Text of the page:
With over 30 beers on tap, including domestics, imports and 20+ seasonal & limited craft beer releases, deciphering a beer list can get tricky. From Ales to Lagers and IPAs to Stouts & Porters, we put together some information on beer styles to help guide you through our list!
It’s no surprise that lagers are the world’s most popular beers. They have a crisp yet refreshing taste with a smooth finish that’s due to longer aging, and you will typically find a lager served in a pint glass.
Try it on our menu: Devil’s Backbone
Often darker than lagers, ales range in color from rich gold to a reddish amber. Ales are usually full-bodied with tones of fruit and hoppy finish. You will also find that an ale is typically served in a pint glass.
Try it on our menu: Shannon Rose Amber or Kane Sneak Box
IPAs are usually lighter-colored beers with a higher than average alcohol and hop content, which can cause them to taste bitter. IPAs can contain just about any imaginable hop available and can be found with citrus, floral, fruity and other flavors. IPAs are typically served in a tulip glass to enhance the flavor.
Try it on our menu: Brooklyn Blast or Brix City Just Another IPA
Belgian-Style & Wheat
Belgian-style & wheat beers can be very pale and cloudy in appearance due to it being unfiltered & the high level of wheat used in the batch. You’ll usually find this type of beer spiced with coriander, orange peel, and other spices or herbs, and served in a Weizen glass to trap the fluffy head and allow you to experience the full banana-like aroma and taste.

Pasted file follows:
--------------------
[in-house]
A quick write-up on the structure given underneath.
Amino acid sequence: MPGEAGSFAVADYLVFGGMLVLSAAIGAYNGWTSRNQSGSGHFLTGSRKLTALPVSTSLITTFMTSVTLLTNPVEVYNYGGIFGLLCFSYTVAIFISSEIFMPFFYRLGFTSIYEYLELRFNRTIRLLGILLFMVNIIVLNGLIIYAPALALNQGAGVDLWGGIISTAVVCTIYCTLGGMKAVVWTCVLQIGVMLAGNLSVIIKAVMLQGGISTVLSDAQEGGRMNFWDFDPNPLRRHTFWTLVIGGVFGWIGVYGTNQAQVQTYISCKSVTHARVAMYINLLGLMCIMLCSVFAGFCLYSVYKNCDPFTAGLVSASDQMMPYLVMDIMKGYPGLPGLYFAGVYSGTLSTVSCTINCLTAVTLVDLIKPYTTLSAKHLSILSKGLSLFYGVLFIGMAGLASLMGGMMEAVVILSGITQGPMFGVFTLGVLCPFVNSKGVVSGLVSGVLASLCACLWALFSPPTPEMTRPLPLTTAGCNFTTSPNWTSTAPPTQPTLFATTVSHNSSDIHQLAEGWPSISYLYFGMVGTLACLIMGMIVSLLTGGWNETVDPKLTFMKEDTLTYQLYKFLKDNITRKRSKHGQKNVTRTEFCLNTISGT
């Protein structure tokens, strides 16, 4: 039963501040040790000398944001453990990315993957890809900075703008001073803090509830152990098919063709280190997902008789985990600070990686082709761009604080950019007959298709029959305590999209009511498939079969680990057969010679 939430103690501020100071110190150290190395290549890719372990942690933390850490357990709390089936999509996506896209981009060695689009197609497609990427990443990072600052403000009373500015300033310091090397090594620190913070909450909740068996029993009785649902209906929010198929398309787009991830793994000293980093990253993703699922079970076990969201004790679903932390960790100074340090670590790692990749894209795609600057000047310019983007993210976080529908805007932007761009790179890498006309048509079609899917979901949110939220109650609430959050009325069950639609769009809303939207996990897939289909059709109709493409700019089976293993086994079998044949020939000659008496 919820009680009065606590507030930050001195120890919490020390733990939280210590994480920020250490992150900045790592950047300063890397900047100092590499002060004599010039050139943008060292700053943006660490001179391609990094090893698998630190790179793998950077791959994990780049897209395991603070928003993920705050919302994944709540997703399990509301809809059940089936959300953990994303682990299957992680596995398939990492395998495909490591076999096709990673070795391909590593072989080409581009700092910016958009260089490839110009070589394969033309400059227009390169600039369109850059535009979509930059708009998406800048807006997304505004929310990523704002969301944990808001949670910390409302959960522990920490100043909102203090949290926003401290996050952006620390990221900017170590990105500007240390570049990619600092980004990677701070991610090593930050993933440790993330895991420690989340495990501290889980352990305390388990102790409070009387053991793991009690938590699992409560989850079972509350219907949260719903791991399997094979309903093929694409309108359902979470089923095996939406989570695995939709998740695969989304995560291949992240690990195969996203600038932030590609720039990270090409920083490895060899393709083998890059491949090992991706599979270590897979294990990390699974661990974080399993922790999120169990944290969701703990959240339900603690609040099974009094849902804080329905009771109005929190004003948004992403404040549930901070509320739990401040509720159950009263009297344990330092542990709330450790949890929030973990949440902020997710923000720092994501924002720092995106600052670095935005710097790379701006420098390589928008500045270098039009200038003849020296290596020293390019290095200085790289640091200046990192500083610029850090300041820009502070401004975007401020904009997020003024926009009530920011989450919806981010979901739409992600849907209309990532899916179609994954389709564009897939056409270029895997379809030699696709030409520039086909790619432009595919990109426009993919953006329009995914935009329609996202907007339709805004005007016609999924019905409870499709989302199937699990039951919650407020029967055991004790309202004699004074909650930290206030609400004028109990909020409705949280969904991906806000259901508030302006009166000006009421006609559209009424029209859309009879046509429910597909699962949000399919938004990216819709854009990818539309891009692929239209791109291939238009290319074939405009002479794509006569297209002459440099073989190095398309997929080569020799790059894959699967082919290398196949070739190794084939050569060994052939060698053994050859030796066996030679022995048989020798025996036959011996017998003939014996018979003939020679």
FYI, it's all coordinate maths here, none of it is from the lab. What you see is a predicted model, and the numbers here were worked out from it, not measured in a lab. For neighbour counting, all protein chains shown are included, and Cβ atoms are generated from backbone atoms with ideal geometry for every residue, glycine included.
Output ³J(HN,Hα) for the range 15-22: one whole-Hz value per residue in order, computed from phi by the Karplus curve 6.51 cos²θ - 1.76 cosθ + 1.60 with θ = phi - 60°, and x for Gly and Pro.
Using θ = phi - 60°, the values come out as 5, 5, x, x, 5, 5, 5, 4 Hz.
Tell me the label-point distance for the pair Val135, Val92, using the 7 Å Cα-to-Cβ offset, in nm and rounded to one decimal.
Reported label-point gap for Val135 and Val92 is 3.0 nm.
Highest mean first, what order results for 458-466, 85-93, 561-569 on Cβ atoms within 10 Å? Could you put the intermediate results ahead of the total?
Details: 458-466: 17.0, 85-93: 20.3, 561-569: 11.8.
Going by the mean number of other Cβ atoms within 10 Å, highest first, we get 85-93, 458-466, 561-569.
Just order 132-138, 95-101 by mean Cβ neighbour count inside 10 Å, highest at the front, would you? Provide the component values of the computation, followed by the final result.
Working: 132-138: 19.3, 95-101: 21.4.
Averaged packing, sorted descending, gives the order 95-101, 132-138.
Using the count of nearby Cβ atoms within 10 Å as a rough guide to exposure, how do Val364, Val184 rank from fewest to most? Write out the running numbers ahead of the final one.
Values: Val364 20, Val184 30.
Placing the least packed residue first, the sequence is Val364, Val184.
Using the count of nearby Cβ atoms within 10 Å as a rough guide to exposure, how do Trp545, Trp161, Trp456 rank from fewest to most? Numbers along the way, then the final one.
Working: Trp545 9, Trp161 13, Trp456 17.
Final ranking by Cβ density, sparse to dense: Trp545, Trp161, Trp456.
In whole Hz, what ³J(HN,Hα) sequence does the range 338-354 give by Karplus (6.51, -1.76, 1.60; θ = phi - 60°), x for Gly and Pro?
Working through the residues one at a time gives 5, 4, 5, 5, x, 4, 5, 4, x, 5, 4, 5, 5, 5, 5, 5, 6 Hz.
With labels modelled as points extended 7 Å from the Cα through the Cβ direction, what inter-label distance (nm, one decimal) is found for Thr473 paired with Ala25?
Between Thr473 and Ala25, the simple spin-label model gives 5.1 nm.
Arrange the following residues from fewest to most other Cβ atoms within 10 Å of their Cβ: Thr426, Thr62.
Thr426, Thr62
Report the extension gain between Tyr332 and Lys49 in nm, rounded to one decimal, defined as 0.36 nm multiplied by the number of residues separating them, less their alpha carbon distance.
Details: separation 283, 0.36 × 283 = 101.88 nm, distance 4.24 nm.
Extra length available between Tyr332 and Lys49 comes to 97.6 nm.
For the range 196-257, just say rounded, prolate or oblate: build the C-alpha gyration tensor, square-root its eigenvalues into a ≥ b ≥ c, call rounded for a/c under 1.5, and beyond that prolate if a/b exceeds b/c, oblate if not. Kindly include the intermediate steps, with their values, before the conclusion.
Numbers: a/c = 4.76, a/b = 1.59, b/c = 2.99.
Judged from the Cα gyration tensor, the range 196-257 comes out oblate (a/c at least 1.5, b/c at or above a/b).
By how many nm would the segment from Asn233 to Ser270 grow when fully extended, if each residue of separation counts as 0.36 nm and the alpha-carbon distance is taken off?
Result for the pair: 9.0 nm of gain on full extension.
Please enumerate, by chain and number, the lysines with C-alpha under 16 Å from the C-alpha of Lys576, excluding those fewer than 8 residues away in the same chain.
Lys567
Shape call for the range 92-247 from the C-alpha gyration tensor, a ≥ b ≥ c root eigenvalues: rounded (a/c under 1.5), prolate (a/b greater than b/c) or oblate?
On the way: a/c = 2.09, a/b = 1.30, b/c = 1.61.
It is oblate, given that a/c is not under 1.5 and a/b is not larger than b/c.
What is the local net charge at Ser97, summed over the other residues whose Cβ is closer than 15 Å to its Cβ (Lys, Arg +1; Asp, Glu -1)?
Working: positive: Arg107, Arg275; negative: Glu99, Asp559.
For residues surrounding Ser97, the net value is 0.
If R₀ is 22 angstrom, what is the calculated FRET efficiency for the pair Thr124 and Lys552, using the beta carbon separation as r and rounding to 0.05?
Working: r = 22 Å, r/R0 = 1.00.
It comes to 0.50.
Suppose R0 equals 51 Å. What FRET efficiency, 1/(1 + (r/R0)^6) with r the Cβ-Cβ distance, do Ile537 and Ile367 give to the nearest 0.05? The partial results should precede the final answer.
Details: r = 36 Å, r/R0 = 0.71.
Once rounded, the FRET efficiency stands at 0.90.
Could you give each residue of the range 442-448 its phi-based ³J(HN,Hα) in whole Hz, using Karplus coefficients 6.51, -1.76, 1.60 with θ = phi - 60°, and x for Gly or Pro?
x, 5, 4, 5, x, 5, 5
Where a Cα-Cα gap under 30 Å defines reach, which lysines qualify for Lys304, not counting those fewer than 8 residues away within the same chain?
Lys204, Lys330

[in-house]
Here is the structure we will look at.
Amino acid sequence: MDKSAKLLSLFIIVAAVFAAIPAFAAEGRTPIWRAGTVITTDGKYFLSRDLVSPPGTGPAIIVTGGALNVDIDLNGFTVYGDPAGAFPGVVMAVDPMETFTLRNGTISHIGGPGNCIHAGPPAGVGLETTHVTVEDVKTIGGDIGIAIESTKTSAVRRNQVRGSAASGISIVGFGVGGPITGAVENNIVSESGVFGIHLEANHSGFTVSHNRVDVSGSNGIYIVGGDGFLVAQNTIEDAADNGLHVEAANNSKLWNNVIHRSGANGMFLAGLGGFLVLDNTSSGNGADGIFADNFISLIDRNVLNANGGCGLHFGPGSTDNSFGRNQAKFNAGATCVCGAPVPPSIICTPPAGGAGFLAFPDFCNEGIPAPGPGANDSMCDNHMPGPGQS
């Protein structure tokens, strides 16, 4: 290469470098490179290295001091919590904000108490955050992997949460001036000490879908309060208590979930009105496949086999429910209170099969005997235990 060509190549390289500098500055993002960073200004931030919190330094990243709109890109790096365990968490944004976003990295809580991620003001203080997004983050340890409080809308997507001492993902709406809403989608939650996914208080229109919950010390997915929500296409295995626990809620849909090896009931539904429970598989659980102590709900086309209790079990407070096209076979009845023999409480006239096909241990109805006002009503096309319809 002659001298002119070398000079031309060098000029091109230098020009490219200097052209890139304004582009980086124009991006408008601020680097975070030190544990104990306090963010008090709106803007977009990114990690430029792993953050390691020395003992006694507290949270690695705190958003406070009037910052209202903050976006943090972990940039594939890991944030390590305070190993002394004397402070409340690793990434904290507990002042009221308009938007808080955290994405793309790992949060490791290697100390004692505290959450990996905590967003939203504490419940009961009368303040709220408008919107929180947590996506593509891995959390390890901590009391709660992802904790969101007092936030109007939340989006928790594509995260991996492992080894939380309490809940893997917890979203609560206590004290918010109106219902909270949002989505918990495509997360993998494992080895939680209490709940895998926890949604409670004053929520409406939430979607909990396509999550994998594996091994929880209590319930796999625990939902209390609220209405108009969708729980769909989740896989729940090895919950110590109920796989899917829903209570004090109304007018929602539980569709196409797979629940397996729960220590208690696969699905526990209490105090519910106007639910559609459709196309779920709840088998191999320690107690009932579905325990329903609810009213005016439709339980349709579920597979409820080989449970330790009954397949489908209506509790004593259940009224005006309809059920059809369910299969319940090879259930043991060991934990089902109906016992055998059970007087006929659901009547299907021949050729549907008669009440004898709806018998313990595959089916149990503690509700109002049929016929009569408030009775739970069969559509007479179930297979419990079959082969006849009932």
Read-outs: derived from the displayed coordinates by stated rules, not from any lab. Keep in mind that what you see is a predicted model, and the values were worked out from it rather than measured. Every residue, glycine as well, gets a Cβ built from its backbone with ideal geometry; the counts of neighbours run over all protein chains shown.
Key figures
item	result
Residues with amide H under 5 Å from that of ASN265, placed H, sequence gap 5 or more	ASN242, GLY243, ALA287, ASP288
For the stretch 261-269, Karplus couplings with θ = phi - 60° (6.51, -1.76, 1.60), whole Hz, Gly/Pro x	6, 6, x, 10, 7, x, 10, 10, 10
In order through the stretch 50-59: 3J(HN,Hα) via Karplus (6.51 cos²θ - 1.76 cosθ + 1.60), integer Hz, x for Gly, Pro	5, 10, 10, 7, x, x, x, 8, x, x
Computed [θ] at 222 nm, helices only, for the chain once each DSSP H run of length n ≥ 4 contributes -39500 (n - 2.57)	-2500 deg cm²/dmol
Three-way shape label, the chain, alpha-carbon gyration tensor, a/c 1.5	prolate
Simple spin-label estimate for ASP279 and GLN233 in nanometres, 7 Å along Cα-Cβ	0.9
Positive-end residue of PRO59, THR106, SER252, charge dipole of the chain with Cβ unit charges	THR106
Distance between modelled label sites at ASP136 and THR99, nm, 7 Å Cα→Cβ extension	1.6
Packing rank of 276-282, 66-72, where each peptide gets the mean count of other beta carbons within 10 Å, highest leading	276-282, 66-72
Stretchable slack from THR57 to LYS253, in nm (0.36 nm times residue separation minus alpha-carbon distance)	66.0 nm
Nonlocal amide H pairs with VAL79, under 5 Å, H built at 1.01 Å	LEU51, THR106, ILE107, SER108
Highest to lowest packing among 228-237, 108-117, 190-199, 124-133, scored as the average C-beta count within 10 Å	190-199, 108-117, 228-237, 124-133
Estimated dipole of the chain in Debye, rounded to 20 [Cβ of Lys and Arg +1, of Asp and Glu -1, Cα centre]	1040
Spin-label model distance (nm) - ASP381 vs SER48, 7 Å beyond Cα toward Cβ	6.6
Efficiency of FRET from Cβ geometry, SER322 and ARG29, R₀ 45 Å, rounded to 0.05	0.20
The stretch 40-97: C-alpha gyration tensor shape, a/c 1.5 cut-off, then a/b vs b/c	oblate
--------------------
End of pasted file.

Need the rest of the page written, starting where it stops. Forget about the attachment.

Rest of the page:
Try it on our menu: Flying Fish Exit 4 or Blue Moon
Sour ales have a tasteful acidic, tart or sour taste to it. The taste can range from mellow to very sharp and are deeply fruity with lots of dark fruit characteristics. Sour Ales are typically served in a tulip glass or a snifter to enhance the volatiles while offering proper head retention.
Try it on our menu: Victory Sour Monkey
Stouts & Porters
When trying to assess the difference between porters and stouts, we label it as “it’s complicated.” While the history of porters and stouts has changed throughout the years, the main difference is the kind of malt that should be used to brew each type of beer. Porters use malted barley and stouts are primarily made from unmalted roasted barley, which is where the coffee flavor most people associate with stout comes from. You’ll find stouts and porters served in a pint glass.
Try it on our menu: Carton of Milk Nitro Stout or Founders Porter